By: Bears Butt

Well, well, well.  The muzzleload deer hunt is just around the corner and you need to know how to properly load your muzzy gun!  This is how I do it and usually the hunt ends up with myself standing alongside a hanging buck I put down with this here load.  It’s been tried and trued for many a year and you need to follow the directions to the tee.

First off it don’t make no nevermind as to what caliber rifle you have, you just have to have the right stuff to put in it to make it work good an proper.  Corse it does make a difference to the state officials in your state as to whether you have the right size ball or bullet to be able to shoot and not git a ticket.  So check on your states regs an all afore you just load up and head out.  Here in Utah, ya got ta have a rifle what is 45 caliber or bigger to hunt our big ol mule deer bucks.  That is all I am sayin.

Course I hunt with a 54 caliber rifle an I do that cuz I got a good deal on it sum time back.  An it is good fer elk an moose too.  In addition ta the size of the caliber, I use a big ol bullet what is 425 grains of pure lead and it has a hollow point and a hollow base.  The bigness of the bullet carries a lot of heavy punch down range.  Enough in fact that an elephant would have a tough time stopping it.  And so for our big mule deer and elk and moose it is surely big enough to do the trick in a quick fashion.  Some call it a Hornady brand, Great Plains bullet.  Well, that is what the package says too by golly.

What is the importance of the hollow point?  That my friend allows the bullet to start expanding the moment it hits the animals hide. The larger expansion leads to more damage inside the animal and a quicker more humane death to that animal.  Of course nothing good will come of poor shot placement.

What about the hollow base?  When the powder explodes behind the bullet and it starts its travel toward the muzzle end of the barrel, the thinner walls on the hollow base expand outward and catch the rifling’s in the barrel.  The rifling’s are what allows the bullet to spin and a spinning bullet affords a more accurate projectile.  Of course there are always exception to the rule.  Faster rates of twist in a barrel are more accurate for big bullets, while slower ones tend to be only good for patched round balls.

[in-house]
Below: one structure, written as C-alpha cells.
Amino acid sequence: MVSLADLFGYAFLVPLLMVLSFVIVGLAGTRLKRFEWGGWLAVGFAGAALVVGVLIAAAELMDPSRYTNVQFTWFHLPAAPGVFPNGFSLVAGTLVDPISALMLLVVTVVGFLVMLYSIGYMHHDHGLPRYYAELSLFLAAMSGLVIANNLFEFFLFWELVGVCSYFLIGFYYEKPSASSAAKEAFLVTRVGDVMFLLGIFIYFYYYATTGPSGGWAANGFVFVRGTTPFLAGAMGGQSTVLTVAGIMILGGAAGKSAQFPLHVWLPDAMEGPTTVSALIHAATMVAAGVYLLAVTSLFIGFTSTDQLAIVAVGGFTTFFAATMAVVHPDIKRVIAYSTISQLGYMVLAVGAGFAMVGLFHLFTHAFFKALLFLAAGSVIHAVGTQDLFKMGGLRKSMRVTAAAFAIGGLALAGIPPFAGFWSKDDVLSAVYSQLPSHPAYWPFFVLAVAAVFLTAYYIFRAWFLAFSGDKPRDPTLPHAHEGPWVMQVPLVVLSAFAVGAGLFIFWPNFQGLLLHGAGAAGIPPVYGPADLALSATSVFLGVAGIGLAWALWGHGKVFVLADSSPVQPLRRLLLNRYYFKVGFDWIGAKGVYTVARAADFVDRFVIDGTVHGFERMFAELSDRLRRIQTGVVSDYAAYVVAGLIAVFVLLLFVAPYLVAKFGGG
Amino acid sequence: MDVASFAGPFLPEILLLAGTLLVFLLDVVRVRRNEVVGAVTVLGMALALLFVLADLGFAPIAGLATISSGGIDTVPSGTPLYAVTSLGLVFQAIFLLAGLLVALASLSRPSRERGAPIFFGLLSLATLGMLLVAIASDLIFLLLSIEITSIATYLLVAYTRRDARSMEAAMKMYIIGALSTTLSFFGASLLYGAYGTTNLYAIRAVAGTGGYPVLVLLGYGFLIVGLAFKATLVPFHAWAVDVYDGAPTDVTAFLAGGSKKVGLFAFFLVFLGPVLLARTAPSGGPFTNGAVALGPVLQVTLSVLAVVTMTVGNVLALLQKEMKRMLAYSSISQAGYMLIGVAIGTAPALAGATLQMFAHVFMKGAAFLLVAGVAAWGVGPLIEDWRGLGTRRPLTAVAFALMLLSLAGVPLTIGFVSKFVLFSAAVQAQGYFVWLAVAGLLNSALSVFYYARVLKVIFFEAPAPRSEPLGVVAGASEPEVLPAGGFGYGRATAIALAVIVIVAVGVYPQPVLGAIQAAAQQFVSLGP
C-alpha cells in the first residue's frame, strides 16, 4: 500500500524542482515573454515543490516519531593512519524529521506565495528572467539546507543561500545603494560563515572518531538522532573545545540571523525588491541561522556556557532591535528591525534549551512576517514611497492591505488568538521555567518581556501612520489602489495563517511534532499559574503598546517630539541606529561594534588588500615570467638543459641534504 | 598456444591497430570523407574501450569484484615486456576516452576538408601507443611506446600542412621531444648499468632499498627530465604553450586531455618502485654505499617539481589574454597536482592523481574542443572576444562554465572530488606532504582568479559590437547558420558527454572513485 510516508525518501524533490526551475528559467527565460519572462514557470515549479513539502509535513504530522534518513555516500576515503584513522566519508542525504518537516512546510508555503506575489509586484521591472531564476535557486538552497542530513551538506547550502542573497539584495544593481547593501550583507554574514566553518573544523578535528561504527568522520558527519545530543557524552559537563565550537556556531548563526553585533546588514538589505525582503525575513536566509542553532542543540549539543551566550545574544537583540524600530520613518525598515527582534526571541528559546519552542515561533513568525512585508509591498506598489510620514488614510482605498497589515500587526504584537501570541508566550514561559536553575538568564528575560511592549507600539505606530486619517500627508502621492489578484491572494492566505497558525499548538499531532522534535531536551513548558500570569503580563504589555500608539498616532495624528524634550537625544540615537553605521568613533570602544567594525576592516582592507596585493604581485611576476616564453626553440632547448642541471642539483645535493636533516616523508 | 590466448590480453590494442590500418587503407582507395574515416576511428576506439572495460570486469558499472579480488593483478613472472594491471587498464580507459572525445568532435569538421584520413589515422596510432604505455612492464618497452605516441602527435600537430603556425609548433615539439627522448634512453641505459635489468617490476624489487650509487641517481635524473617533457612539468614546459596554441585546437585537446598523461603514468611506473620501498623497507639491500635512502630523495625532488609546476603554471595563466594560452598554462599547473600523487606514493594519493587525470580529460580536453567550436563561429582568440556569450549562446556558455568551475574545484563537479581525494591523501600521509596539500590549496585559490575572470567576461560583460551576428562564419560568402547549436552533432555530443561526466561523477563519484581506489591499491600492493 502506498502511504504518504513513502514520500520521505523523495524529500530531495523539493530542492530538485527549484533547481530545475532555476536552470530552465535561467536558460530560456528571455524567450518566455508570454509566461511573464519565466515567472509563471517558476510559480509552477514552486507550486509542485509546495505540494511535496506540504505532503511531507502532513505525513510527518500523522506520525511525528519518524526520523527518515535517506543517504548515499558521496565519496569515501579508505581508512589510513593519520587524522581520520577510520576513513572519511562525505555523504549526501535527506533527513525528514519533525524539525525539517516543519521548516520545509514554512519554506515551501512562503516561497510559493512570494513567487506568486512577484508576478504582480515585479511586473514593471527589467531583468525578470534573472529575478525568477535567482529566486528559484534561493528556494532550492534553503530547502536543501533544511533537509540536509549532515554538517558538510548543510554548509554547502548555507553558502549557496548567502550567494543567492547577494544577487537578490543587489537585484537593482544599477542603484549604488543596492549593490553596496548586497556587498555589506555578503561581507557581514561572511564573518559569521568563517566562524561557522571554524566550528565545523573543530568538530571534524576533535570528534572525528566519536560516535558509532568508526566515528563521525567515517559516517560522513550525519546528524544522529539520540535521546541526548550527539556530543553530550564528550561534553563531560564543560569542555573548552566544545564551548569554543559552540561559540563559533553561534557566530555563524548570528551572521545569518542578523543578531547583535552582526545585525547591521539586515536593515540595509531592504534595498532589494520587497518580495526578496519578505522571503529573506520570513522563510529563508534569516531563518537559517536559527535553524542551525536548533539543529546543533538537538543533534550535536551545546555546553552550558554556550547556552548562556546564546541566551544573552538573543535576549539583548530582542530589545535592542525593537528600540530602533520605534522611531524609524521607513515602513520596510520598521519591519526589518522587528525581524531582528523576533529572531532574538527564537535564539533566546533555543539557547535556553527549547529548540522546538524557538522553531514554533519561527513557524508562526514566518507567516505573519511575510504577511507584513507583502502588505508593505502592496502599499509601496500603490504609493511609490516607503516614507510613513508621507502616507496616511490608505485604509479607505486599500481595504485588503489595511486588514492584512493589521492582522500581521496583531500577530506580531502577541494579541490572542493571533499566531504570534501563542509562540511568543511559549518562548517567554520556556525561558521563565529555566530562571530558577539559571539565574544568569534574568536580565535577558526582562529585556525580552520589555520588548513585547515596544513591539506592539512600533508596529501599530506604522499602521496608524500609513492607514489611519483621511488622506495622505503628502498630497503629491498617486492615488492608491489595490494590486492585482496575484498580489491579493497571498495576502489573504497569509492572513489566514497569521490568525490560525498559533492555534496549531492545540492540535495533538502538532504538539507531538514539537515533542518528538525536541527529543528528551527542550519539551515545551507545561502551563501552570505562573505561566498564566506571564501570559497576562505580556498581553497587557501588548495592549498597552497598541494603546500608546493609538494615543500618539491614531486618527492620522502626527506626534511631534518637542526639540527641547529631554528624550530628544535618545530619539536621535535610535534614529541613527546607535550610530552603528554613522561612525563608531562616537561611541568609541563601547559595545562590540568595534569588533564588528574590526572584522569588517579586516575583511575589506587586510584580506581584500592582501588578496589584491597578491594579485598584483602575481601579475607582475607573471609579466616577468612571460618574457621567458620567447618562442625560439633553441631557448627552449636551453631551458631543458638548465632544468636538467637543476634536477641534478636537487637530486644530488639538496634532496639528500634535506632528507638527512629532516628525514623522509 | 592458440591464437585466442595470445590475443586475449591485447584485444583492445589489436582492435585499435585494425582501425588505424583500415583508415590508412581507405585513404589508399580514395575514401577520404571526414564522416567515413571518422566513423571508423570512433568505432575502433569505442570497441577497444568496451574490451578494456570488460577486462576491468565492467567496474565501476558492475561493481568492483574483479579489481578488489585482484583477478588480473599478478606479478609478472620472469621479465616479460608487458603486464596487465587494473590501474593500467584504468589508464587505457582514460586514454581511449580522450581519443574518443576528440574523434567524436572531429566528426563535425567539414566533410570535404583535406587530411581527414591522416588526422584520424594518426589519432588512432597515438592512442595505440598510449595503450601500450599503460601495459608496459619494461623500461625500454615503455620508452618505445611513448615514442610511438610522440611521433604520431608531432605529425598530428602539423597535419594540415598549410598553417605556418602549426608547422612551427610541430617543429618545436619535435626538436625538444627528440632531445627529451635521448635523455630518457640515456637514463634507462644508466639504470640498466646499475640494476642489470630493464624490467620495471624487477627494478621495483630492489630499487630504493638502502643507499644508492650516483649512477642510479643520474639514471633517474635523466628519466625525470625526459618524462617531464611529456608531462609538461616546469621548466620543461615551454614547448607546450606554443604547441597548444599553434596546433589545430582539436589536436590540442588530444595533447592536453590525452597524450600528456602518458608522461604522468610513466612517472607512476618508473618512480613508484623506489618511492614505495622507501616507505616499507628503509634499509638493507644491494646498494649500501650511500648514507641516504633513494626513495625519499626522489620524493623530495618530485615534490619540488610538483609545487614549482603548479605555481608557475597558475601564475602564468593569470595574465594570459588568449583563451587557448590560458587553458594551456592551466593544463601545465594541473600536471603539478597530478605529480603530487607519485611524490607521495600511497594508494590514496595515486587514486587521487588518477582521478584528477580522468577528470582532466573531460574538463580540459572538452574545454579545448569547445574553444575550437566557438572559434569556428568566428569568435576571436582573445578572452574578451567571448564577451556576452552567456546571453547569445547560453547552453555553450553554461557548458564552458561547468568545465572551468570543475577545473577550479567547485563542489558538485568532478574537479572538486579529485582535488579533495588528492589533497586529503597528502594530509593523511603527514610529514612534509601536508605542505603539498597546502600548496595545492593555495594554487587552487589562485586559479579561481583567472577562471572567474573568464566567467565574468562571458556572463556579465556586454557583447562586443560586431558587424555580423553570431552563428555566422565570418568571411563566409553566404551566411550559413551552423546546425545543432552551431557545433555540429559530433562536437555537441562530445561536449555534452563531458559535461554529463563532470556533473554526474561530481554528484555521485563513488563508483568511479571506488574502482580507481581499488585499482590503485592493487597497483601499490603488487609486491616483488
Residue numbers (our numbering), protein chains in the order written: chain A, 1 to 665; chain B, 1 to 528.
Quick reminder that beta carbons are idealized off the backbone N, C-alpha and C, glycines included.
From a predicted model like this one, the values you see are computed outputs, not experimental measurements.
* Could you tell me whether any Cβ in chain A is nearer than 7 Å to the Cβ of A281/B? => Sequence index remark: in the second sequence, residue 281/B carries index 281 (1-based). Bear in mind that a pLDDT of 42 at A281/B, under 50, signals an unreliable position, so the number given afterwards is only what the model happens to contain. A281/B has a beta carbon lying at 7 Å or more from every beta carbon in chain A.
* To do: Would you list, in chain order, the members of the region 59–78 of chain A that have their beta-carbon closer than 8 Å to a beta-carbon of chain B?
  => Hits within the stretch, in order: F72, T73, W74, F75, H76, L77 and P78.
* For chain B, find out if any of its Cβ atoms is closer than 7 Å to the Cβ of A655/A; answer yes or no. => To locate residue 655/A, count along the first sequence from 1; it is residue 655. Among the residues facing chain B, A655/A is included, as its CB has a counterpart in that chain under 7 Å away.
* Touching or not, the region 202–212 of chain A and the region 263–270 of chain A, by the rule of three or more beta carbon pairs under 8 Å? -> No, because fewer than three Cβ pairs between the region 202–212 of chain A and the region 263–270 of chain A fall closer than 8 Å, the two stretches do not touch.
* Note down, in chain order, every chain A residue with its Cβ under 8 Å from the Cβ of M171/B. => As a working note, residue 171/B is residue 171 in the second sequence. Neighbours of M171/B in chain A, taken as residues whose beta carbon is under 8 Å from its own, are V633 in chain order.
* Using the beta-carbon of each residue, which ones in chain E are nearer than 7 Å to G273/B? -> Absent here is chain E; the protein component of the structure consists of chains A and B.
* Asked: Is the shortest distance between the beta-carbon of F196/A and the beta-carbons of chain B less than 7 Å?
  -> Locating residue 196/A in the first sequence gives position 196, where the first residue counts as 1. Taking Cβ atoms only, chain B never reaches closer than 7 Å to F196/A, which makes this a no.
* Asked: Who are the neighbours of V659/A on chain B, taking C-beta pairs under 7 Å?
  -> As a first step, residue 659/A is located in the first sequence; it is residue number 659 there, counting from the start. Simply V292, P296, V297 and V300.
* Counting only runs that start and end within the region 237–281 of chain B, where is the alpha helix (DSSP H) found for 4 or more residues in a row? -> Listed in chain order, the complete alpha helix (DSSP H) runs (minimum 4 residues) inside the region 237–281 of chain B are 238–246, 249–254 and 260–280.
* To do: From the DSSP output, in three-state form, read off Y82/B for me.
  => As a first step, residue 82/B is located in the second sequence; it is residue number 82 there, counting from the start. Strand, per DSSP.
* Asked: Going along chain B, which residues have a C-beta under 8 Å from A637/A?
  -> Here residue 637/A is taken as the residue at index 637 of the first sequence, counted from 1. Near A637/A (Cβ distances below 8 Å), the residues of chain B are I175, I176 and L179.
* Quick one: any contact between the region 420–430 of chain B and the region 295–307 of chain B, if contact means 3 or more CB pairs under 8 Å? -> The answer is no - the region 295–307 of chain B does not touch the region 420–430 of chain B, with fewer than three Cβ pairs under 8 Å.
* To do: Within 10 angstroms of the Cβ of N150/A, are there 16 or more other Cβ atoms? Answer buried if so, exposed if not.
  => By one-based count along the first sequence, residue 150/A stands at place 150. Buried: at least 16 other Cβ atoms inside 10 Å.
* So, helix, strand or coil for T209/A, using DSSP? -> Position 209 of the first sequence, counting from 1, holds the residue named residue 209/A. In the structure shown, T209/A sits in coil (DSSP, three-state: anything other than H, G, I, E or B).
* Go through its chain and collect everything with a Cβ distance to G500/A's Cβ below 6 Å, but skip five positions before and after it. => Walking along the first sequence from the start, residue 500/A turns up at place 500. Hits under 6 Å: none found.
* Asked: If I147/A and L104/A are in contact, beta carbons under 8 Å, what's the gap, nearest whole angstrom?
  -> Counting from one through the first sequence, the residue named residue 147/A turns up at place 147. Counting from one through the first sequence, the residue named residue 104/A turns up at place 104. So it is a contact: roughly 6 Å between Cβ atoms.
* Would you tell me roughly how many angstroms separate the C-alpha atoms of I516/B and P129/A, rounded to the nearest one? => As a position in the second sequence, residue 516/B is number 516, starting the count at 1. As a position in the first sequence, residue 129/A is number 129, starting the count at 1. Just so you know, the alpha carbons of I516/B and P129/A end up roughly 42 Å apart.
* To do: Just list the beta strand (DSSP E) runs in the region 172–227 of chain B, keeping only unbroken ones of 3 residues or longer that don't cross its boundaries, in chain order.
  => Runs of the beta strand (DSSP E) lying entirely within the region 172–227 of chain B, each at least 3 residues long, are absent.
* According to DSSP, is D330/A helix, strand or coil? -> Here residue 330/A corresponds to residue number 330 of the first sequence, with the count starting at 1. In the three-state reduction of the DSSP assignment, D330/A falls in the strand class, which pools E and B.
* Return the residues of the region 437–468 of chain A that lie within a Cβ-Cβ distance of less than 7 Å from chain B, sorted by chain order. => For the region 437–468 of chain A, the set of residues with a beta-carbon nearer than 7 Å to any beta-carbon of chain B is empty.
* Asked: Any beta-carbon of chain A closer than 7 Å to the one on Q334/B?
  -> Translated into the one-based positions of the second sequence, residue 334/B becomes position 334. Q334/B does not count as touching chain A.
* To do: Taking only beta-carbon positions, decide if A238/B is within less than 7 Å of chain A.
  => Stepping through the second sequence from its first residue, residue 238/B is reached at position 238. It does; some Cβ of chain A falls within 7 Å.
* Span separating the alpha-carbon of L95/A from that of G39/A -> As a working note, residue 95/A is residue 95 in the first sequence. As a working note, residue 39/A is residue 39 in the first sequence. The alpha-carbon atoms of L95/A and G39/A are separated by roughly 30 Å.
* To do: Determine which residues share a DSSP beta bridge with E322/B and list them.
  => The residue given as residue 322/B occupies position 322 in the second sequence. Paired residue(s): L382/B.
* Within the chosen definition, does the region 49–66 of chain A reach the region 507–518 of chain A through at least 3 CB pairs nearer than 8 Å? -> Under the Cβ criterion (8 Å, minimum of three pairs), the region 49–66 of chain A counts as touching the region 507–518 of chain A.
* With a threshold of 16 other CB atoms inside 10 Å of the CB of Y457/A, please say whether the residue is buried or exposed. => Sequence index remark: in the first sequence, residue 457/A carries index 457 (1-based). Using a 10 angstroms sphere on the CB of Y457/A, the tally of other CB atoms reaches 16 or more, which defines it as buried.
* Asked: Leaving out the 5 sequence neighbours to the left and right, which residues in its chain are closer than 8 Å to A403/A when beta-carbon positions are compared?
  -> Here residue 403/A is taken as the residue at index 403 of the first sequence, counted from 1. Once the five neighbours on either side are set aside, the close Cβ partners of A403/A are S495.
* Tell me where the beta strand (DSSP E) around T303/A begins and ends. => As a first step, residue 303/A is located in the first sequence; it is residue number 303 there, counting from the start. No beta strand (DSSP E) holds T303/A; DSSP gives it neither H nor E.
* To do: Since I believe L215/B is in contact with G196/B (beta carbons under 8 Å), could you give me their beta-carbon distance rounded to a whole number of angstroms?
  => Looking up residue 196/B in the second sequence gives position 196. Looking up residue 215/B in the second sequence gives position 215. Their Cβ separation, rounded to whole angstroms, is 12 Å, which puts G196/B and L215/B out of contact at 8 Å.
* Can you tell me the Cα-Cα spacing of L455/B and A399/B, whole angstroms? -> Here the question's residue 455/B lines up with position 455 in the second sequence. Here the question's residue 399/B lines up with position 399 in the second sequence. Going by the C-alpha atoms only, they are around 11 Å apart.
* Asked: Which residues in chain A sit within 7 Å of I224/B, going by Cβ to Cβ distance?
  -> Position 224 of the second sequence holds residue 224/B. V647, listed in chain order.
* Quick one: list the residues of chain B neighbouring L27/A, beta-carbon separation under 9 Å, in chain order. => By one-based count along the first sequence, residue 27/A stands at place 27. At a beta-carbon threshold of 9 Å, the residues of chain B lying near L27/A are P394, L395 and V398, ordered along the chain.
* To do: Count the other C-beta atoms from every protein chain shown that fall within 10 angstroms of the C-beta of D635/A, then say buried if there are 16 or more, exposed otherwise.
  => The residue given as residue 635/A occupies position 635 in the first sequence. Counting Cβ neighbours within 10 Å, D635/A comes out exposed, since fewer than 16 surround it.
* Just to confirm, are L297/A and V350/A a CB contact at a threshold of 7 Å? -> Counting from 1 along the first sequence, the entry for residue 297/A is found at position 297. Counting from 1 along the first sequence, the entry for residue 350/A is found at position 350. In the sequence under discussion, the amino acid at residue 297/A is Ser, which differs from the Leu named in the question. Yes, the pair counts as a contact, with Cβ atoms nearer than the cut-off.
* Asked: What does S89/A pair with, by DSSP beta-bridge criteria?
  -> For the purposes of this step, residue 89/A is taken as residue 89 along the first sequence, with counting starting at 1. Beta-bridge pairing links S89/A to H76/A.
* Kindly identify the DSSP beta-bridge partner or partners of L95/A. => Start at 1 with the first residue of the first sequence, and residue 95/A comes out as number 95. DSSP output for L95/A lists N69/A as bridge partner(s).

So, there you have the info on the big bullet and its weight, hollow point and hollow base and what each is designed to do.  There are negatives to each as well.  The heavy weight limits the distance the bullet will travel and it drops a whole lot as it travels.  At 100 yards my guess is it will drop about 5 inches even with 90 grains of powder being shot.  At 200 yards you might as well forget shooting at an animal unless you aim over its back a few inches.  It will still have the knock down and penetration power, but your point of aim will be different.  The hollow point catches air and slows the bullet down as well, which also adds to the drop of the bullet as it travels.  There isn’t much that is negative in the hollow base.

Ok, so here we are in hunting camp and I’m about to demonstrate how I load my rifle.  I pull out the butter flavored Crisco, a salt shaker, pepper shaker and some powdered garlic.  Then my powder and measure and the 425 grain bullets.

Because I have recently (or not so recently) cleaned the barrel, I will pour a small amount of powder from my measure down the barrel and pop a cap.  Make sure the powder in the barrel goes boom, or you have to pop another cap and maybe even pour a bit more powder down the barrel.  Once you have “cleared” the barrel you are ready to load your hunting load.

I carefully measure 90 grains of FFg black powder and pour it down the barrel.  Then I take one of the 425 grain bullets out of the box and rub almost all of the pre-lubricant that comes on the bullet off.  Then I smear some butter flavored Crisco on the outside of the bullet and then slip it down the barrel.  My ramrod finishes getting the bullet firmly placed on top of the powder charge.  Then, since I like a little salt, pepper and garlic powder on my meat, I sprinkle a small amount of each down the barrel on top of the bullet.  This way, when the bullet hits the animal it will be taking these three ingredients down range with it and put the seasonings in the animal.

There you have it.  My hunting load.

Bears Butt

Sept. 2011

Written on September 24th, 2011 , Just more stories

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Just some of my old stories, new stories, and in general what is going on in my life.